OLR Research Report

April 17, 2008




By: Daniel Duffy, Principal Analyst

You asked for a brief summary of the law establishing the procedure for a self-service storage facility owner to follow when a renter defaults on rental payments.


The law gives a lien on all property stored in a self-service storage facility to the facility's owner when a renter defaults on his payments. It also sets a procedure for the facility owner to satisfy the lien. It requires the owner to (1) send notices of his intent to do so to the occupant (personal delivery or to last known address) and to others who have filed security interests in the property and (2) advertise his intent to sell or dispose of the property. If the property is sold, it sets rules to allocate the proceeds of the sale. It establishes the right of an occupant or holder of a valid security interest to redeem the property at any time before the property sale or disposition.


The lien is for (1) the amount of rent, labor, or other valid charges the facility owner incurs in relation to the property; (2) valid expenses incurred in the necessary preservation of the property; and (3) any expenses reasonably incurred in its sale or other disposition according to law. The lien attaches on the day of the default and has priority over other liens or security interests subsequently attached (CGS 42-160).

By law, a “self service storage facility” is real property designed and used to rent or lease individual self-contained storage units to occupants who have access to them to store personal property. “Default” means a failure to meet any obligation or duty imposed by a rental agreement. The “rental agreement” is a written agreement or lease establishing the terms, conditions, rules, or other provisions about the storage unit's use and occupancy (CGS 42-159).


The law requires a facility's owner to send written notices notifying the occupant and anyone with a security interest in the property on file with the secretary of the state of the intention to satisfy the lien. Notices must be delivered in person or sent by registered or certified mail, return receipt requested, to the occupant's last known address (CGS 42-161).

The notice must include:

1. an itemized statement of the amount due the owner;

2. a property description sufficient to identify it;

3. a notice that the occupant is denied access, if the denial is allowed by the rental agreement;

4. the name, address, and telephone number of a person the occupant may contact;

5. a payment deadline that cannot be sooner than 14 days after notice delivery;

6. a conspicuous statement that unless the debt is paid within 60 days after the default the owner will advertise the property for sale and sell or dispose of it; and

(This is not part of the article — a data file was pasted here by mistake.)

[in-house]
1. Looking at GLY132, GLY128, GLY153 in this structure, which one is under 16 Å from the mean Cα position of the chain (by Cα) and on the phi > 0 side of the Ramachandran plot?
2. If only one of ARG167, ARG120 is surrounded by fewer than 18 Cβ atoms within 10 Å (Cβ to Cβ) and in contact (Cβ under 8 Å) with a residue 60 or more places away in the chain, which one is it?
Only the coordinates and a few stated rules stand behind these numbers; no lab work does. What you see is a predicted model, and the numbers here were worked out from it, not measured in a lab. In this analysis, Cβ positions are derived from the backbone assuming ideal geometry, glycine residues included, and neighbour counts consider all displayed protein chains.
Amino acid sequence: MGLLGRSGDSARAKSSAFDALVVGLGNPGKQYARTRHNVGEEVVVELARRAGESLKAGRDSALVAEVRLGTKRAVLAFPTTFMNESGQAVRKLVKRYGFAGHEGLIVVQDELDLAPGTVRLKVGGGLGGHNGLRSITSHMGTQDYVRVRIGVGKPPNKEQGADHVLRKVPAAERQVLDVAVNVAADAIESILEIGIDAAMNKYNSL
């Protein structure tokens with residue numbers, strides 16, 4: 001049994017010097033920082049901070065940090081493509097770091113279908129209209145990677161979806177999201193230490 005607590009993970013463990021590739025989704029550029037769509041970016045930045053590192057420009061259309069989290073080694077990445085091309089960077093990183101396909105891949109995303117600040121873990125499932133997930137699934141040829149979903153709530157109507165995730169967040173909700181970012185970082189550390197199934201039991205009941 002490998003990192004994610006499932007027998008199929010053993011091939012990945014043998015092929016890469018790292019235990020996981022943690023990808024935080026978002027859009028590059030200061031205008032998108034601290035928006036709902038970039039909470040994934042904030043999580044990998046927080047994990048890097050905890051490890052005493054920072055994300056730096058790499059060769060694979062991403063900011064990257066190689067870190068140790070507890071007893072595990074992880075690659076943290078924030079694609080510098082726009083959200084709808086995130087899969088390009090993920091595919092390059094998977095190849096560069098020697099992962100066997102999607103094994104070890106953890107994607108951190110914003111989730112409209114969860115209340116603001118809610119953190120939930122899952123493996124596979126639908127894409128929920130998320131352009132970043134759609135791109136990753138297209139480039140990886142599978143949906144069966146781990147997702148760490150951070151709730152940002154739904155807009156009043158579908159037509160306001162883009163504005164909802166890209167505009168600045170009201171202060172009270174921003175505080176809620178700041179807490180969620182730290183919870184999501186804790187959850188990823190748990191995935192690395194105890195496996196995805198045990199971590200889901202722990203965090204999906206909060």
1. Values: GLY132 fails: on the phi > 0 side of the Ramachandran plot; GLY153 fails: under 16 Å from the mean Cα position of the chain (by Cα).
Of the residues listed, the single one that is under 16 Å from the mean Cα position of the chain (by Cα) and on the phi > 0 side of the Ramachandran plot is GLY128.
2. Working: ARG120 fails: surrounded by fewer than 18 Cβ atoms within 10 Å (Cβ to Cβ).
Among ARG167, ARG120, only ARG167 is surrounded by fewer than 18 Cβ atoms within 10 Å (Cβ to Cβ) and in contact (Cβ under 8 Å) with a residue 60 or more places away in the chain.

7. the time and place of the property sale or disposition (CGS 42-162).

The law requires the sale or disposition to conform to the terms of the notice and to be held at the facility or at the nearest suitable place (CGS 42-163).


The law requires an owner to advertise the sale or disposition in a newspaper with substantial circulation in the community in which the facility is located. It must be published at least twice within 10 days before the sale and include:

1. a property description;

2. the occupant's name;

3. the facility's address; and

4. the time, place, and manner of property sale or disposition.

If there is no such newspaper, the law requires the advertisement to be posted for at least 10 days before the sale or disposition date in at least six conspicuous places in the facility's neighborhood.

The sale or disposition cannot take place in less than 10 days after the first publication or more than 60 days after the date of the default.

If the property is sold, the proceeds must be used first to pay the costs of the sale, then to pay holders of prior liens or security interests, and then to the owner (CGS 42-164). If there is a balance remaining, the law requires the facility owner to hold it for two years for return on demand to the occupant or to pay anyone else having an interest in the property. If it remains unclaimed after two years, it becomes the owner's property (CGS 42-167).


The law allows the occupant or anyone who proves a valid security interest in the property, at any time before the sale or disposition, to pay the amount due and reasonable expenses incurred and redeem the property. Once paid, the law requires the facility owner to return the property and provides that he or she has no further liability to anyone with respect to it (CGS 42-165).


Anyone who purchases the property in good faith takes it free of any rights of any lienholders, even if the facility owner has not complied with this law (CGS 42-166).


The law states that it does not impair or affect (1) the right of parties to create liens by special contract; (2) other liens arising at common law, in equity, or by other statute; or (3) other rights affecting debtors and creditors (CGS 42-168).